Assault or battery are typically used together to discuss related crimes. However, in Florida, the two are different offenses that can be defined separately.
An assault is a threat in the form of words, a gesture, or intimidating act of harm to a person. A case of assault is established when it is confirmed that there was intent to commit a violent act, there was ample opportunity to commit the act at the time of the threat, and the threat of the act caused the victim to fear imminent harm. Types of assault include simple assault, aggravated assault, and felony assault. The severity and penalties for each are determined by elements including the use of a weapon, the intent to kill, and if the assault was against an official such as a police officer. Penalties range from 60 days to five years in prison, from six months to five years of probation, and between $500-$5000 in fines.
A battery is the unlawful physical harming of another person against their will or consent. A battery case can be established if it is proven that a victim was intentionally touched or struck in an attempt to cause serious bodily harm. Types of battery includes simple/misdemeanor battery, aggravated battery, and felony battery. Penalties range from one to 15 years in prison, one to 15 years of probation, and between $1000-$10,000 in fines. Penalties are assessed based on the severity of the crime.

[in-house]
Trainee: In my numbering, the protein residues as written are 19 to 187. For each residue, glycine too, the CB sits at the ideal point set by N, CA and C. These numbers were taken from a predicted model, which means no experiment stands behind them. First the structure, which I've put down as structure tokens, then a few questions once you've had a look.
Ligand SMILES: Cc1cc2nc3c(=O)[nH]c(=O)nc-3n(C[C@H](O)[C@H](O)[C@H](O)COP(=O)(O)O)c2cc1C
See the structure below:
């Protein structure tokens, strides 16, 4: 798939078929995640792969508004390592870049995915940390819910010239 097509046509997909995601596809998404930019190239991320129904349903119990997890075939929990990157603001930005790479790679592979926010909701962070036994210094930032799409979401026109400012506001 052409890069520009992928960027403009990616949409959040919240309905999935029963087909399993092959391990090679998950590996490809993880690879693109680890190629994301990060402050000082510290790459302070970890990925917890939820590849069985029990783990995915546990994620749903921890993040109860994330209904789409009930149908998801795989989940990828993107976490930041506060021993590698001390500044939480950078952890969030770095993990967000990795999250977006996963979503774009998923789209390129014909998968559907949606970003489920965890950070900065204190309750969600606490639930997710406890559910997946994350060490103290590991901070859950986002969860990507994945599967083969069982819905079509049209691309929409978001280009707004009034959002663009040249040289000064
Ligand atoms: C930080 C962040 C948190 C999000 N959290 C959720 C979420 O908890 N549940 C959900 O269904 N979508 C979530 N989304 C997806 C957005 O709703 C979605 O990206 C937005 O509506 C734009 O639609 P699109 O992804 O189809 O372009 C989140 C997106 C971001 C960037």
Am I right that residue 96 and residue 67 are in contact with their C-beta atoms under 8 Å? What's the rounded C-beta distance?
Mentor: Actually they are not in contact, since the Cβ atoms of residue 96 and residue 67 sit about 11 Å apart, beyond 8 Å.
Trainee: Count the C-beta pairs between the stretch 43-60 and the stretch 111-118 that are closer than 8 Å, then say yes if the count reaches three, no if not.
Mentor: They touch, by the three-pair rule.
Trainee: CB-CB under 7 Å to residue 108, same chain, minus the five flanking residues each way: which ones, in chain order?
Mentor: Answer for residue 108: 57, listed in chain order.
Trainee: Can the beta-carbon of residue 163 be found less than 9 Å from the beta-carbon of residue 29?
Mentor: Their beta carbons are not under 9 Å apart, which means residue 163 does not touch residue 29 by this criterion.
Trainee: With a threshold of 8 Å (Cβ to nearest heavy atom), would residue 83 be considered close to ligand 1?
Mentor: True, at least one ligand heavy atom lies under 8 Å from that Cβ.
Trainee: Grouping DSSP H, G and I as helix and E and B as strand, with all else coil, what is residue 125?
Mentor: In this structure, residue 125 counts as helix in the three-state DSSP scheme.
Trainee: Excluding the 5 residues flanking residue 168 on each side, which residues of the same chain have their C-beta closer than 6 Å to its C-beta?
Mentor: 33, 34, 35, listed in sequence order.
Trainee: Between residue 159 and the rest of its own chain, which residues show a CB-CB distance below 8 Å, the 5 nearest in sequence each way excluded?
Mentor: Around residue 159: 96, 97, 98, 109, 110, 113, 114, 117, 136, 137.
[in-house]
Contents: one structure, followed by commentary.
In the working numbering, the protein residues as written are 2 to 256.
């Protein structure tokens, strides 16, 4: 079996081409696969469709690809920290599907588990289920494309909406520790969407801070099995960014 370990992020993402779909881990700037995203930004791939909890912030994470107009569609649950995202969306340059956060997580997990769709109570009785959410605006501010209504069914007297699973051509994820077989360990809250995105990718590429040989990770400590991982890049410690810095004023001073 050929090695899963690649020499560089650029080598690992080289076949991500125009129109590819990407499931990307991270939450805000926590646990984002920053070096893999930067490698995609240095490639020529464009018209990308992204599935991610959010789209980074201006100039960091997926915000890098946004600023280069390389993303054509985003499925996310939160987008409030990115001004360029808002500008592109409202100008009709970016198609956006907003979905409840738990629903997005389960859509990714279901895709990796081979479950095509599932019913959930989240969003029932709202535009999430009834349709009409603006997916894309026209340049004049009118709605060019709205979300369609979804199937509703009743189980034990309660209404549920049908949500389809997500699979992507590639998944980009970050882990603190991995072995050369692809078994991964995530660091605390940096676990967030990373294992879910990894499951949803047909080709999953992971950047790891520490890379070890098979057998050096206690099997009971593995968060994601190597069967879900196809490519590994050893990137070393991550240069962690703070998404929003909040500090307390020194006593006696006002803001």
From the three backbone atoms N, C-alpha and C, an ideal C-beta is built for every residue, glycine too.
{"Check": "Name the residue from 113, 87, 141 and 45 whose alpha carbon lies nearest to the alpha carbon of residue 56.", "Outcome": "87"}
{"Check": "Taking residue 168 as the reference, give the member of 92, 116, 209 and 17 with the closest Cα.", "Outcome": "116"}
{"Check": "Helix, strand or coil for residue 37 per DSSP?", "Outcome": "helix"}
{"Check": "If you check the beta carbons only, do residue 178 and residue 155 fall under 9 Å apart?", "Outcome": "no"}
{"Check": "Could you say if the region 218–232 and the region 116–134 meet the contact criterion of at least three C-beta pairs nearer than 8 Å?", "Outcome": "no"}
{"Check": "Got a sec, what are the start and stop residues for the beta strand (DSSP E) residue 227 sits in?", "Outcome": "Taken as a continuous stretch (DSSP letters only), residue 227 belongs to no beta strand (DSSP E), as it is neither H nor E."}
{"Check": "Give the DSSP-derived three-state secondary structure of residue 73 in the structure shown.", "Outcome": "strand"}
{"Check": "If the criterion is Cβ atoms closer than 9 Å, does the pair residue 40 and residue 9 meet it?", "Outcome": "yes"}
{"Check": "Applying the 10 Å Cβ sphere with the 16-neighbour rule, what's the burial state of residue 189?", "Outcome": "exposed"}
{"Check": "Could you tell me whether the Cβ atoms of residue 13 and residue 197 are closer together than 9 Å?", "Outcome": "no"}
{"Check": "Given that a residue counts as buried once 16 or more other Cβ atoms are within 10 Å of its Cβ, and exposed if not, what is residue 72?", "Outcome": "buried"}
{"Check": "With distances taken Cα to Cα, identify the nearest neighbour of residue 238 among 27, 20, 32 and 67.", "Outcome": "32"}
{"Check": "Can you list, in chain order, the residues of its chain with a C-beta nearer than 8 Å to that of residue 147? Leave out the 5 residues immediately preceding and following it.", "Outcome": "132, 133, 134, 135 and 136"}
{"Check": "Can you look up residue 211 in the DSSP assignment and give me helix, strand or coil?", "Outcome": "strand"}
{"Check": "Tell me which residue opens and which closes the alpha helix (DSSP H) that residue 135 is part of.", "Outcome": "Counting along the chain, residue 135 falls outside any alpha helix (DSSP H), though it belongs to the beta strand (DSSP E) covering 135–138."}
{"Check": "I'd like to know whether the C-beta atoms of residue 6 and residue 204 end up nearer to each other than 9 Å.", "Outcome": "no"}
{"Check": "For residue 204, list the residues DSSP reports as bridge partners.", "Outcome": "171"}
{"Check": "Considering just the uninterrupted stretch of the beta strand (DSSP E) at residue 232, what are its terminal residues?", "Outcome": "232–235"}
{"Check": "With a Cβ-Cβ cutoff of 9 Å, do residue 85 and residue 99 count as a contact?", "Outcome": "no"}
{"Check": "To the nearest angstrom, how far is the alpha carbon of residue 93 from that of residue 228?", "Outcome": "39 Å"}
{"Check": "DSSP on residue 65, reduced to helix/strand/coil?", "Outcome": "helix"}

Elements such as the presence of a deadly weapon or the death of a victim can impact the type of charge you receive, the prison sentence, the amount of probation given, and the fines you will have to pay. This is why an assault and battery attorney in Tampa is critical for creating a solid defense to help you prove:
If you have been accused of assault or battery it is important to contact Anthony Rickman, an experienced trial attorney, to fight against these accusations.
Disclaimer: The information contained in this article is for general educational information only. This information does not constitute legal advice, is not intended to constitute legal advice, nor should it be relied upon as legal advice for your specific factual pattern or situation.